Here’s the Antidote for Ungrateful Kids - Finds.Life.Church

Here’s the Antidote for Ungrateful Kids

by Samantha Lowe

Ungrateful kids. We’ve all seen them. We’ve all dealt with them. We’ve all been frustrated with them. And if our memories were only long enough, we’d realize we all probably used to be them! It looks a little something like this.

Your preschooler doesn’t want to share.

You can’t make it through the grocery store without your kids asking for everything.

There’s a fight every single day over who gets to sit in the front seat.

Your teen insists they deserve the newer, better, upgraded phone with the bigger data plan. Oh, and the latest shoes are desperately needed.

Do they even think, for one minute, of all the stuff you’ve done for them? They have so much—but they won’t give anything! What’s the antidote for ungrateful kids?

Generosity can help! Here are a few (non-financially draining) ways to give your ungrateful kids a good dose of generosity to help it become their first habit—instead of their last. Pick one or two ideas you think will work well for your family.

A verse to help: Take delight in the Lord, and he will give you your heart’s desires. Psalm 37:4 NLT

A verse to help: I will praise you, Lᴏʀᴅ, with all my heart; I will tell of all the marvelous things you have done. Psalm 9:1 NLT

A verse to help: … don’t forget to do good and to share with those in need. These are the sacrifices that please God. Hebrews 13:16 NLT

A verse to help: … Remind them to be ready to do what is good. Titus 3:1 NIRV

A verse to help: … You can’t serve God and Money at the same time. Matthew 6:24 NIRV

A verse to help: “The King will reply, ‘Truly I tell you, whatever you did for one of the least of these brothers and sisters of mine, you did for me.’” Matthew 25:40 NIV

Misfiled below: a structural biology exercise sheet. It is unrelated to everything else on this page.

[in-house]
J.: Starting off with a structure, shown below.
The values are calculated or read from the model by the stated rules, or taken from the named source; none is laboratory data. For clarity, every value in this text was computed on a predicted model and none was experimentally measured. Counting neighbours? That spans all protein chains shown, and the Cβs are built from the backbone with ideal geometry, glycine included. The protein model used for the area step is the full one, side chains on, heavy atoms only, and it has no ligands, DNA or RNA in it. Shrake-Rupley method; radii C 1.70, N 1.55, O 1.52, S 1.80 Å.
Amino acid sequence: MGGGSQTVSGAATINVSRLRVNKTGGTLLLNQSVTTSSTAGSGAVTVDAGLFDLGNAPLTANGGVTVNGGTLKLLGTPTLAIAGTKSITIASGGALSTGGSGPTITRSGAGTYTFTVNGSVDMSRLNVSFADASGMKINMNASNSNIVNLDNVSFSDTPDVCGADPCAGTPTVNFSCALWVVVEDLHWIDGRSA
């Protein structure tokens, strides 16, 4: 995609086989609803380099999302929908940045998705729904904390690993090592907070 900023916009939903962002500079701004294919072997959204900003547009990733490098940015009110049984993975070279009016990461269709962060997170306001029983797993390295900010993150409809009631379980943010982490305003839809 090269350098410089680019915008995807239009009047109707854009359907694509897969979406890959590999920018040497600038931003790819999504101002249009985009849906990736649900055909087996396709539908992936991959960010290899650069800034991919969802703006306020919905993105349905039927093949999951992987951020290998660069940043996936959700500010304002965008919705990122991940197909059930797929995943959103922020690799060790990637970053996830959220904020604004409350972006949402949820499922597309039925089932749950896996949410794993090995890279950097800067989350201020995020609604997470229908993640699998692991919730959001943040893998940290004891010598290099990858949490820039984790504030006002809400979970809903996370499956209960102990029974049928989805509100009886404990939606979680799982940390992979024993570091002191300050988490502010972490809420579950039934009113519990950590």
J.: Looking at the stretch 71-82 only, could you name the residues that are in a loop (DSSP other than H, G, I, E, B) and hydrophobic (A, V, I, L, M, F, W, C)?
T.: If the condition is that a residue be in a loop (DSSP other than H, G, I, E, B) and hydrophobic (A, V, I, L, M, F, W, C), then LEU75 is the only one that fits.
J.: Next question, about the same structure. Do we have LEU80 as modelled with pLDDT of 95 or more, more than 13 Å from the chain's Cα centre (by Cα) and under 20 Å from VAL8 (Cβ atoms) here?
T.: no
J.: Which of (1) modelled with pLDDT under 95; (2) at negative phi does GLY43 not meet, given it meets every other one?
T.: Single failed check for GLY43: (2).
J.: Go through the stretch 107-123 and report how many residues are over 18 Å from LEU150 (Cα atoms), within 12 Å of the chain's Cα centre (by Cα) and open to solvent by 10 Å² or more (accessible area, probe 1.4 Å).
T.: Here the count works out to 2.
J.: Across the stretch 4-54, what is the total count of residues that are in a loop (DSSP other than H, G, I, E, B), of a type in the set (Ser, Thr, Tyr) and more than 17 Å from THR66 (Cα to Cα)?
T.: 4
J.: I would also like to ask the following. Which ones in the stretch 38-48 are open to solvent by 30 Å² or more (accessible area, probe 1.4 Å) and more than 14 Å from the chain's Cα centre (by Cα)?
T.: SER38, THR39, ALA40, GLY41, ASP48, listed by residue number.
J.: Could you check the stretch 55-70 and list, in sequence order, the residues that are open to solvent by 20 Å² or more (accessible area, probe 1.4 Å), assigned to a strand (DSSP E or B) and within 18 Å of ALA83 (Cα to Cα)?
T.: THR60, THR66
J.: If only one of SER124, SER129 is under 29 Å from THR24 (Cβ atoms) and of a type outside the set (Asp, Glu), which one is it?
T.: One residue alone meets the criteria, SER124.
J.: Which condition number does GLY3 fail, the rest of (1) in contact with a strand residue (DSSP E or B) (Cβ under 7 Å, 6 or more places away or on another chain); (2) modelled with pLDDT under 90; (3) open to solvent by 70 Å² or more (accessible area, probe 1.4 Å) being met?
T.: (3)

Age-Specific Ideas for Ungrateful Kids

Here are some resources for working with your kids to unlock the power of generosity. Each age group also includes some questions you can use to start a conversation about generosity and gratitude in your home.

Show your preschoolers and verbal toddlers how to be generous:

  1. Start this Bible Plan about the first Christmas gift.
  2. Show your little ones this video about giving and Christmas.
  3. As you work through this topic together ask the questions below.
    • What are some of your very favorite things?
    • What are some things that are really hard to share with others?
    • Let your child participate in making something they can give away to others—cookies for neighbors, drawings for grandparents, or a gift for a teacher or small group leader.

Help your elementary kids to grow in gratitude:

  1. Start this Bible Plan about starving greed.
  2. Watch this Konnect episode with your child.
  3. As you work through this topic together ask the questions below at mealtime or when you have some time together.
    • What stuff do you hang onto that you could probably get rid of?
    • What gifts are you most grateful for receiving?
    • Jesus said it was better to give than to receive. Share about a time when you really felt that it was better to give than to receive.

Connect with your preteens about giving:

  1. Read this Bible Plan about generosity with your preteen.
  2. Watch this episode of The Loop Show and try not to laugh so hard you cry.
  3. As you work through this topic together ask the questions below at mealtime or when you have some time together.
    • What are some ways you can honor God with your money?
    • What is some stuff that may have a grip on your heart? What will you do about that?
    • What are some ways you can be generous to others without making a big deal out of it?

Practice living a generous life with your teenagers:

  1. Use the Plans With Friends feature in the YouVersion Bible App to read this Bible Plan with your teen. Or better yet, encourage them to start the plan with some friends.
  2. Ask your teen if they’ve seen the latest episode of Switch yet. If yes, watch it so you can catch up. If not, watch it together.
  3. As you work through this topic together ask the questions below at mealtime or when you have some time together.
    • What’s one thing I could do as a parent to be a better example of generosity?
    • How generous do you think you are? What are some examples that helped you come up with your answer?
    • What are some values about generosity you hope you have as an adult? What might that look like at this point in your life?